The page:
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Digital Wish Study on Sustainability Suggests Sources of Technology Funding for Many Schools may be Untapped
Posted by Heather Chirtea at 09:16:55 PM Thu 11/29/2012
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Manchester Center, VT - November 29, 2012 – In 2009, Digital Wish launched the School Modernization Initiative, a one-computer-per-child initiative in 28 schools. The A. D. Henderson Foundation commissioned Digital Wish to study how schools are sustaining their technology initiatives. The research was expanded with a nationwide survey and 27 administrative leaders were interviewed.  The most successful schools develop multiple sources of revenue, they trigger strong community engagement, and they prioritize daily support and training for teachers.

Download the Study Here: http://bit.ly/St1ShN

Data from the Survey: 242 educators responded to the anonymous nationwide survey providing an interesting snapshot of how participants are funding their programs. While 88% of respondents reported that technology budgets are one of their largest sources of funding, many other viable sources of funding may be going un-realized by the majority of respondents. For example:

  • Nearly half (46%) have not used other budget line items for technology.
  • 55% of respondents’ schools have not applied for any grants.
  • 43% reported they do not do any fundraising.
  • 66% do not use student mentors who could support the technology program.
  • Over 1/3 say they do not receive donations from outside organizations.

Data from the Interviews: Digital Wish identified 27 technology leaders from across the nation and conducted interviews to ask how they were sustaining their initiatives. As a trend, nearly all of the most sustainable programs were funded by multiple sources. Administrators running programs with just a single source of funding voiced “fear” that their initiatives were vulnerable to cancellation. The most successful schools intentionally develop strong community ties, which in turn generates multiple sources of revenue, thus lowering the risk that their technology initiative will lose funding with market shifts.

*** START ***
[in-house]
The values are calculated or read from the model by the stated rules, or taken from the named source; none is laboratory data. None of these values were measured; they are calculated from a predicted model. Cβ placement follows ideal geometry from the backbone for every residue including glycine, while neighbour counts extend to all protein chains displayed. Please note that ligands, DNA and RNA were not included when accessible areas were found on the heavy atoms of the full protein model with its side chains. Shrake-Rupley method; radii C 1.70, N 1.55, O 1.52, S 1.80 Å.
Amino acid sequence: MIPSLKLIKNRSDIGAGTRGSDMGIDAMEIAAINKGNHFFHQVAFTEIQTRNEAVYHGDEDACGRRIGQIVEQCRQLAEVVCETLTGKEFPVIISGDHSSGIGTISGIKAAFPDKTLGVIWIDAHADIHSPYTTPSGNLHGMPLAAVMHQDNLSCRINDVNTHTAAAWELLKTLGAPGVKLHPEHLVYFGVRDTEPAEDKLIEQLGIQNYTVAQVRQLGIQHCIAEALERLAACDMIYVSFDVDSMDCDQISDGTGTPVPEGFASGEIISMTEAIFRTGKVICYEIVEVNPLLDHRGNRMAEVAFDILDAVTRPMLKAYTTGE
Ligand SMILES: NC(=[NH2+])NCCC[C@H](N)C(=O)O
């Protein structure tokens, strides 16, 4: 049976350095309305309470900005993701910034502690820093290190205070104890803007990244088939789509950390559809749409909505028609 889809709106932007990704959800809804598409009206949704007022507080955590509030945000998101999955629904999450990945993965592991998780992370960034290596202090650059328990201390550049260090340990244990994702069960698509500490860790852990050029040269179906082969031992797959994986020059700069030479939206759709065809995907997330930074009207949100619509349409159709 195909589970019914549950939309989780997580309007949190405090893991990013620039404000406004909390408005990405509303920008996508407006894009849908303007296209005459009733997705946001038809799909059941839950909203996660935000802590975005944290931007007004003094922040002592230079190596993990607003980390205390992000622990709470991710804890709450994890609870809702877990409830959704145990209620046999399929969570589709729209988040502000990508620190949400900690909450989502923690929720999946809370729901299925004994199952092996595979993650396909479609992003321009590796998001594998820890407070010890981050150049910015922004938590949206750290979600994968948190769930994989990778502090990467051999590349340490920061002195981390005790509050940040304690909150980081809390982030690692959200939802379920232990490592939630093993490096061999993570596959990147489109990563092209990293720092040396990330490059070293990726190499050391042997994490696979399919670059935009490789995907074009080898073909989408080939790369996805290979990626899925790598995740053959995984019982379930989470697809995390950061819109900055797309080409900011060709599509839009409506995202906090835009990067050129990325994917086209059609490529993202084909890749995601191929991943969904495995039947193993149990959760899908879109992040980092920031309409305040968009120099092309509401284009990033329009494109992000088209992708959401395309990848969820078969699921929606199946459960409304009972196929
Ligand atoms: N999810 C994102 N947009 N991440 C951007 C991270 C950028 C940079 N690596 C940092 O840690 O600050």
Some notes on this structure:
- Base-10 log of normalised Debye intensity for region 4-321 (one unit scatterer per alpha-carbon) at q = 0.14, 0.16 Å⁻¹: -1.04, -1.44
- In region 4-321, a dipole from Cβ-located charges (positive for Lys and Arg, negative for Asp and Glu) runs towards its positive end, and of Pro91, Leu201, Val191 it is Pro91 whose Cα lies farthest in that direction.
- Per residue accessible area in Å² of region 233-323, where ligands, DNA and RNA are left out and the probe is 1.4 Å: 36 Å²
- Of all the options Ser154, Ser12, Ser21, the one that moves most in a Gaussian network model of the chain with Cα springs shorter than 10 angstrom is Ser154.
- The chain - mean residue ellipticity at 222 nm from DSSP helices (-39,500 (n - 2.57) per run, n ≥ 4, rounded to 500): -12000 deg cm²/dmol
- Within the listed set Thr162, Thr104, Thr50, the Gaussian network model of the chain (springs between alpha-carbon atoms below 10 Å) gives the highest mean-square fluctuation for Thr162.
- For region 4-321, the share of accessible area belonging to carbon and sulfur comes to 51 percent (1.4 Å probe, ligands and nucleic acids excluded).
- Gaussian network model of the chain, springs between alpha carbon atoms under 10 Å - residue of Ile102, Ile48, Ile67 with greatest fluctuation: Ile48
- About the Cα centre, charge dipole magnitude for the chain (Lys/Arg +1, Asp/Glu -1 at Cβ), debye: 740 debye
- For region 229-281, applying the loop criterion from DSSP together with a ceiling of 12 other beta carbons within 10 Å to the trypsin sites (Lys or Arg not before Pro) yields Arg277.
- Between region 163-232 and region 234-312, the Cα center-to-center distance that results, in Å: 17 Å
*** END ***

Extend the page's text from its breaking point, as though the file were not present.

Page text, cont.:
• Only 14% of schools report “re-budgeting” as a major source of technology funding, however interviewees report it’s the most viable and immediately available strategy.
  • Although half of the survey respondents are not applying for grants, the interviewees shared that this is one of their most effective sources of funding. Over a quarter of schools who apply are raising over $20,000 per year.
  • Most schools do not make an immediate connection between raising community engagement and sustainability. By simply raising awareness, we open up immediate community support networks for many schools.
  • Fundraising is frequently viewed as “something the PTA does.” However, successful schools integrate fundraising into every school event. One in five schools who fundraised actually raised over $20,000 each year. 

Schools inexperienced with adopting technology emphasize hardware purchases, while the more advanced schools focus on the importance of training for sustainability.  Nearly all had supplemented convention workshop-based professional development with teacher peer-support systems and daily mentor programs.

  • The most successful schools integrate a peer-coaching model that provides ongoing and readily available support for their teachers on a daily basis.
  • Student mentorship programs typically reduce support costs and increase availability of support for both students and teachers.

Data from the Classroom: The implementation of 1:1 computing in 28 schools revealed that the key to developing multiple funding streams lies in strong community engagement, which is also typically the most ignored strand in every initiative. The schools with the most sustainable programs harvested a wide array of revenue opportunities from across their communities – each contributing a portion of their total financial need. However, the burden of community engagement rests entirely on the schools. If the schools don’t trigger these community connections, they simply won’t materialize.

Download the Complete Study Here: http://bit.ly/St1ShN

For more information on the study, please contact: Heather Chirtea, [email protected].



Tags: Sustainability, Technology programs

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